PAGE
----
Bilberry and chokeberry diets demonstrated a protective role in colon carcinogenesis. - GreenMedInfo Summary
Anthocyanin-rich extracts inhibit multiple biomarkers of colon cancer in rats.
Rev Iberoam Micol. 2007 Dec 31;24(4):309-11. PMID: 16800776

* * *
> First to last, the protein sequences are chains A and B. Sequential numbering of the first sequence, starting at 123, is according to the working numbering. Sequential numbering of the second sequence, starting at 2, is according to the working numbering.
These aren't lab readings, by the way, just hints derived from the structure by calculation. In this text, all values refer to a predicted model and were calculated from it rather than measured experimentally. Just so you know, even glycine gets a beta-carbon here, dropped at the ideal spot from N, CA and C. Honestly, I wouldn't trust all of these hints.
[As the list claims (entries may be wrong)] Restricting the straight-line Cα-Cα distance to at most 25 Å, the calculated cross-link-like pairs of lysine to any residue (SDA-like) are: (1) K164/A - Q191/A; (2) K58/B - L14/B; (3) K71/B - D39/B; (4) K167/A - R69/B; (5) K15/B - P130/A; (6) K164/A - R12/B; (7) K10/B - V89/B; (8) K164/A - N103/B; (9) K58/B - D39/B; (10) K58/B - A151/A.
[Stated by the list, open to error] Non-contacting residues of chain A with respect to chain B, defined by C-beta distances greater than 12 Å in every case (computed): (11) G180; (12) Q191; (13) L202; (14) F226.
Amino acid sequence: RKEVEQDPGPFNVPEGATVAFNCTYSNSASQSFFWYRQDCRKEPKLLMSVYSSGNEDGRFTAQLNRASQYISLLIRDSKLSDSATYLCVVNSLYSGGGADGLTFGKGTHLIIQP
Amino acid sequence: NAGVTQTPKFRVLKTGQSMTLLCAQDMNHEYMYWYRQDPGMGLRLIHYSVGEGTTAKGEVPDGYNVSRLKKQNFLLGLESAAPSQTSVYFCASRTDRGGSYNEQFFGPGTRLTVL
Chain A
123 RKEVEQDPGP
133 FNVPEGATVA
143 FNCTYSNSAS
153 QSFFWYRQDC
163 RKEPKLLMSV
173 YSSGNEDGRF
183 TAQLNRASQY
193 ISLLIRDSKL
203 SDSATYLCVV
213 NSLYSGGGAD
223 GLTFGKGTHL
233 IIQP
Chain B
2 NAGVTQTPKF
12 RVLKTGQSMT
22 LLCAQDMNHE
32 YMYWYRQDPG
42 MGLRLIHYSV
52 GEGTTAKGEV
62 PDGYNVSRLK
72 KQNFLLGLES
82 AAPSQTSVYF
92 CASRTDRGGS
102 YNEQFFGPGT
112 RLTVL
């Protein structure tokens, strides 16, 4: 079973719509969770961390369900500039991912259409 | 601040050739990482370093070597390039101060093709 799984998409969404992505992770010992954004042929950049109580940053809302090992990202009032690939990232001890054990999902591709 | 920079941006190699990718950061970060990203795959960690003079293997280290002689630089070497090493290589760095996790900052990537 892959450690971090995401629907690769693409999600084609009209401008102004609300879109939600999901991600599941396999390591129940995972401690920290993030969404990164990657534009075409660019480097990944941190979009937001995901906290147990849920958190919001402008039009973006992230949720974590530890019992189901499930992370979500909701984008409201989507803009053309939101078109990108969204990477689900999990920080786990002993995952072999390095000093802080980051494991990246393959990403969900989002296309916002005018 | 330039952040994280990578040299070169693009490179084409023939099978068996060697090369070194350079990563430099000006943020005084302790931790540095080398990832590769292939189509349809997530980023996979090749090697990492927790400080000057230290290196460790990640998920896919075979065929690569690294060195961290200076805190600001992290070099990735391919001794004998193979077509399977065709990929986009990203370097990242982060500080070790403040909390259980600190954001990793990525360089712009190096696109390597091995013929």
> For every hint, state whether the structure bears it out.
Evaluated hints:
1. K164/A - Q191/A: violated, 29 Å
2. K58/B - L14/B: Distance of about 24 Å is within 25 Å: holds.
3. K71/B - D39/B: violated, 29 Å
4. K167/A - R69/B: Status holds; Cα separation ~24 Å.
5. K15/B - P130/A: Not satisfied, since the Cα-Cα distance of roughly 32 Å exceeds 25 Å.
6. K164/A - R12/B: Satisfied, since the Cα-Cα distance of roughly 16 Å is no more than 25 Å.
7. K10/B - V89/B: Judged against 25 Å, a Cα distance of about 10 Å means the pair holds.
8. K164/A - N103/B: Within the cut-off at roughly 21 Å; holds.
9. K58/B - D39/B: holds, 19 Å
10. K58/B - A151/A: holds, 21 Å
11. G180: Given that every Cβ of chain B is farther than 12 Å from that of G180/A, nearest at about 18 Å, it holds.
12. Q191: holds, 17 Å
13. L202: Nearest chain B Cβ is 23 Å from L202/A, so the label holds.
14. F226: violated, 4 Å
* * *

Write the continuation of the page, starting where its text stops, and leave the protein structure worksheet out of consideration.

Full Citation: "The aim of the present study was to investigate the chemoprotective activity of anthocyanin-rich extracts (AREs) from bilberry (Vaccinium myrtillus L.), chokeberry (Aronia meloncarpa E.), and grape (Vitis vinifera) by assessing multiple biomarkers of colon cancer in male rats treated with a colon carcinogen, azoxymethane. Fischer 344 male rats were fed the AIN-93 diet (control) or AIN-93 diet supplemented with AREs for 14 wk. Biomarkers that were evaluated included the number and multiplicity of colonic aberrant crypt foci (ACF), colonic cell proliferation, urinary levels of oxidative DNA damage, and expression of cyclooxygenase (COX) genes. To assess the bioavailability, levels of anthocyanins in serum, urine, and feces were evaluated. Total ACF were reduced (P<0.05) in bilberry, chokeberry, and grape diet groups compared with the control group. The number of large ACF was also reduced (P<0.05) in bilberry and chokeberry ARE-fed rats. Colonic cellular proliferation was decreased in rats fed bilberry ARE and chokeberry ARE diets. Rats fed bilberry and grape ARE diets had lower COX-2 mRNA expression of gene. High levels of fecal anthocyanins and increased fecal mass and fecal moisture occurred in ARE-fed rats. There was also a significant reduction (P<0.05) in fecal bile acids in ARE-fed rats. The levels of urinary 8-hydroxyguanosine were similar among rats fed different diets. These results support our previous in vitro studies suggesting a protective role of AREs in colon carcinogenesis and indicate multiple mechanisms of action."